Makwa started demanding his money and, after examining some paperwork, he found out he could be owed even more money for his work at Rap Lyf. He would later engage Baloyi on Instagram Live, demanding what’s due to him and, in another IG Live, their interaction became heated as the two exchanged harsh words.

Kwesta, in his interview with Macgyver “MacG” Mukwevho on his infamous 

Podcast and Chill with MacG, said he was only ready to engage in a conversation about the label’s collapse if all members were present.

The Katlehong MC had an album to promote, and not even MacG’s notorious slyness could get him to further fuel the fire and lead to the generation of another swarm of click-bait articles, tweets and Instagram posts.

MacG rolls out the red carpet

Times have changed. Before Podcast and Chill, podcasting was reserved for enthusiasts, like The Sobering, and attracted niche audiences. Having superstars such as Kwesta as guests wasn’t a familiar occurrence. “In general, famous people don’t like doing interviews,” said Lil Frat in a 2018 interview.

But MacG, a seasoned radio presenter (formerly of YFM and Highveld Stereo), rolled out the red carpet for some of Mzansi’s biggest stars and quizzed them about their careers and personal lives as hundreds of thousands of viewers tuned in on YouTube. So far, MacG has hosted many A-grade celebrities, among them Pearl Thusi, Phat Joe, Presley Chweneyagae, Prince Kaybee, Zodwa Wabantu, and Zola 7. He attributes the podcast’s success to these high-profile guests, alongside “consistency, hard work and passion”.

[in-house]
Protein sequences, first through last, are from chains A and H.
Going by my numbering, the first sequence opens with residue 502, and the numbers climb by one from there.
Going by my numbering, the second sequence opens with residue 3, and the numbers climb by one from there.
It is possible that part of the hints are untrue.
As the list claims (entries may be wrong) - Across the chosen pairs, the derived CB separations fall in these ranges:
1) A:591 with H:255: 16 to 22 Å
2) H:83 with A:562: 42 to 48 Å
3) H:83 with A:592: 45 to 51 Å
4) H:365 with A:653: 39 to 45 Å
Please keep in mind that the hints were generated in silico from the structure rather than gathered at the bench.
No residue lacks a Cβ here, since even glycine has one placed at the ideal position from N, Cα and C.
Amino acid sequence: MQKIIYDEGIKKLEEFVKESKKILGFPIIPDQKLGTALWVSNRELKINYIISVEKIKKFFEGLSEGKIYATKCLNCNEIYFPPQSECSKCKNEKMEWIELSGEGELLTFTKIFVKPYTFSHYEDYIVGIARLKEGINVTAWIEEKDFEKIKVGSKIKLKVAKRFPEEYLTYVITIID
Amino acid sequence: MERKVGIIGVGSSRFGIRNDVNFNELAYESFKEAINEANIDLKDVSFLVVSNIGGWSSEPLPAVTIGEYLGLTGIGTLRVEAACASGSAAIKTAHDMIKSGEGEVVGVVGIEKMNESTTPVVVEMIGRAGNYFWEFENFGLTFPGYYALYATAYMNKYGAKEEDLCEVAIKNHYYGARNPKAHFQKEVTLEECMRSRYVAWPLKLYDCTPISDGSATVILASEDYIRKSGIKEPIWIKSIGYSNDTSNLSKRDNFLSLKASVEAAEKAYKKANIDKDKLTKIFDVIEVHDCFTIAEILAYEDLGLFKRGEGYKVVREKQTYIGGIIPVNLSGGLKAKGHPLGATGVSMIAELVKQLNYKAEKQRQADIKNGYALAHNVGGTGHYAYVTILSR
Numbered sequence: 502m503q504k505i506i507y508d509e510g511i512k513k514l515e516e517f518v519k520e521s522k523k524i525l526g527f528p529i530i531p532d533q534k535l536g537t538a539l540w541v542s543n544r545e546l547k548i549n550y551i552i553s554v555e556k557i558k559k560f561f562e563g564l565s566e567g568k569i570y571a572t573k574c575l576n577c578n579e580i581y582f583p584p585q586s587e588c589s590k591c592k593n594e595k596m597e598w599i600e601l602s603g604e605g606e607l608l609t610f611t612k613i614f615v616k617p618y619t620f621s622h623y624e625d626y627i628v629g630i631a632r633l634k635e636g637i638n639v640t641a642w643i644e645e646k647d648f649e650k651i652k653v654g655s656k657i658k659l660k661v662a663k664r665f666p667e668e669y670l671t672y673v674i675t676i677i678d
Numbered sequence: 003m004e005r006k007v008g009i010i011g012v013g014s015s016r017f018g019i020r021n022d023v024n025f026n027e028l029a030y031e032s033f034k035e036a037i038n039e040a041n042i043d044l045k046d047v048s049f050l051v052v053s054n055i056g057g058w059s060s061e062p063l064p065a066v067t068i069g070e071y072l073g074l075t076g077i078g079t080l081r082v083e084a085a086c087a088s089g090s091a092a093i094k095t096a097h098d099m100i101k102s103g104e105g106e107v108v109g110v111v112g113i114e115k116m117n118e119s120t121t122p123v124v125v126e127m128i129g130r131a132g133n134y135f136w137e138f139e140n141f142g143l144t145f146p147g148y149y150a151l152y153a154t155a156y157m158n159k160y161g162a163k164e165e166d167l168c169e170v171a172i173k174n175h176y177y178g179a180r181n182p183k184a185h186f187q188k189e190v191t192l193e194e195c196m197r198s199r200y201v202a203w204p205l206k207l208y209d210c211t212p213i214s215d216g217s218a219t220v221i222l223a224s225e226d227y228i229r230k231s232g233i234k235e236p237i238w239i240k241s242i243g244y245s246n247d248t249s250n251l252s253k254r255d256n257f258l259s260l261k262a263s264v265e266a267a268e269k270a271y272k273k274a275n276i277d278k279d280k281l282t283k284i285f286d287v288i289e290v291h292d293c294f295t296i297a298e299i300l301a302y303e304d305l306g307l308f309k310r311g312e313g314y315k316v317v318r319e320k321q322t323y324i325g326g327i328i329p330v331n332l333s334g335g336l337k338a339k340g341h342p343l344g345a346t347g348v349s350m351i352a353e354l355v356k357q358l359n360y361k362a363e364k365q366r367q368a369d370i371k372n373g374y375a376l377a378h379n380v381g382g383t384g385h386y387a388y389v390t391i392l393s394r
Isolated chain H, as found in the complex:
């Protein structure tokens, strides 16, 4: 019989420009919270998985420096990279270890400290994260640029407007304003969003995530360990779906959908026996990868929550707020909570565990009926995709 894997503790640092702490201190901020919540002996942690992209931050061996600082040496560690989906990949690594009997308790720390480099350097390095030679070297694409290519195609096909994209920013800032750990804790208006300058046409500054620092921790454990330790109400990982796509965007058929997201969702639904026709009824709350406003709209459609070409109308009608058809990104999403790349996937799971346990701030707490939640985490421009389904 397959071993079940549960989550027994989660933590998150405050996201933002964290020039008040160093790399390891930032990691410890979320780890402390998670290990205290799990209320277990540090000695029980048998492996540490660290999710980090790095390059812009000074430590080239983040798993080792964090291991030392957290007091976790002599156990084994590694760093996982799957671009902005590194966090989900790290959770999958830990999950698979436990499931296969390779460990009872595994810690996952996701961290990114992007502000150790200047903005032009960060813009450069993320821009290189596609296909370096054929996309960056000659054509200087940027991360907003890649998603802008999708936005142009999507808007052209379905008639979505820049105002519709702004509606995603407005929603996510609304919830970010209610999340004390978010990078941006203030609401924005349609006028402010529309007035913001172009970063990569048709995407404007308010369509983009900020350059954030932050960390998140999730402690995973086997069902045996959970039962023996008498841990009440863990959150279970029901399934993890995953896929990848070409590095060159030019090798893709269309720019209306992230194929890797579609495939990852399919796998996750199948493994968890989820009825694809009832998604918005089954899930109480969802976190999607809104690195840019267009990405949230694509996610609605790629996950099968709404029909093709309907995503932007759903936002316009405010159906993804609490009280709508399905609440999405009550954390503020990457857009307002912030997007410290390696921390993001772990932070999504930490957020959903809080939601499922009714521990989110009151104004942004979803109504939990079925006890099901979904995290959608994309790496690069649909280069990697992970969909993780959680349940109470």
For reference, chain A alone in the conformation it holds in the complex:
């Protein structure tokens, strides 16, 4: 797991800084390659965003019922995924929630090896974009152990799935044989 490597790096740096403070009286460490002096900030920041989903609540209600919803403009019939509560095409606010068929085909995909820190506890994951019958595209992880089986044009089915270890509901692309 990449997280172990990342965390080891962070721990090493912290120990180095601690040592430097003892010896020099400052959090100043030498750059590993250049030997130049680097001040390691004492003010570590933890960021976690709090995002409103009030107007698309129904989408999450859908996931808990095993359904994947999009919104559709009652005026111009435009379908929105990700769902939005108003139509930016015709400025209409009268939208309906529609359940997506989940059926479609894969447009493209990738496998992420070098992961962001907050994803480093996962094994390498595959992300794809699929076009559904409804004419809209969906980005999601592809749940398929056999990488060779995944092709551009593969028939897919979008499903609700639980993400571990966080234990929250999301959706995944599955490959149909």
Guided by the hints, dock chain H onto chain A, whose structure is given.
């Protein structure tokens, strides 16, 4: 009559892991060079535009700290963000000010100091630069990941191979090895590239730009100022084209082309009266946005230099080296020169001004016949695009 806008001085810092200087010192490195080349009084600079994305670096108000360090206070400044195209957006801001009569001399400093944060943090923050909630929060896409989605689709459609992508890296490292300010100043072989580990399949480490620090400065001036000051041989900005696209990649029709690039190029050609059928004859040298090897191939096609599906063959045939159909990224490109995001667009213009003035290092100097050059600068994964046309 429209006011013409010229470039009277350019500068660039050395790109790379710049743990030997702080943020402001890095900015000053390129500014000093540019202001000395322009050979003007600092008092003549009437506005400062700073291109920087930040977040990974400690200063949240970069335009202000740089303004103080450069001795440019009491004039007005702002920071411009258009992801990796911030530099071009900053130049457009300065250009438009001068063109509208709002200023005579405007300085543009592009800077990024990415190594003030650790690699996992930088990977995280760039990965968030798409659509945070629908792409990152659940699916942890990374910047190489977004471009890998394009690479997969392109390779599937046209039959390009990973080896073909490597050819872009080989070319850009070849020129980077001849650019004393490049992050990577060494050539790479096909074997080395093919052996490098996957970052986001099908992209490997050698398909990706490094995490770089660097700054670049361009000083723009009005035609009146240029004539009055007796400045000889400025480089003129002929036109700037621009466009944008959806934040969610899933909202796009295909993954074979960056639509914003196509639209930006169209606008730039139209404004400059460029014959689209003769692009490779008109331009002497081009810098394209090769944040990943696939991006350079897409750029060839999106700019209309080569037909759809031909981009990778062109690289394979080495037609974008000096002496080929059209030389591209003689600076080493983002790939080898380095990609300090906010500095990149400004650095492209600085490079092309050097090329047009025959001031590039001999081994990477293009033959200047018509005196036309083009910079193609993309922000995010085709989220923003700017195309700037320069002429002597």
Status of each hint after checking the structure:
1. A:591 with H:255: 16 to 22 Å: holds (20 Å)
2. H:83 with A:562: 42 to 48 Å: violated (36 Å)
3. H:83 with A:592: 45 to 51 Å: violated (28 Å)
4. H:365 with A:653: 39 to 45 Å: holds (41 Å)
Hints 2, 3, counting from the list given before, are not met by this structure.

“Celebrity episodes help bring attention to the podcast,” he says. 

MacG’s questions and takes are instinctive and nothing is out of bounds. For instance, in one episode, the MC and his guest, Zodwa Wabantu, were titillating each other with remote-control vibrators. Ghost Lady, the mysterious co-host of the podcast, asked MacG and Zodwa questions about each other and whoever got a question wrong was treated to a few seconds of vibrations. 

In another episode with a South African pornography actress, she was asked to demonstrate how to perform oral sex on a dildo she had with her during the interview. 

Such unorthodox antics have been one of his podcast’s selling points. In almost every episode, one is almost guaranteed to find comments expressing how MacG’s podcast is different and makes viewers appreciate guests more, as MacG and the crew’s interviews portray them in a different light.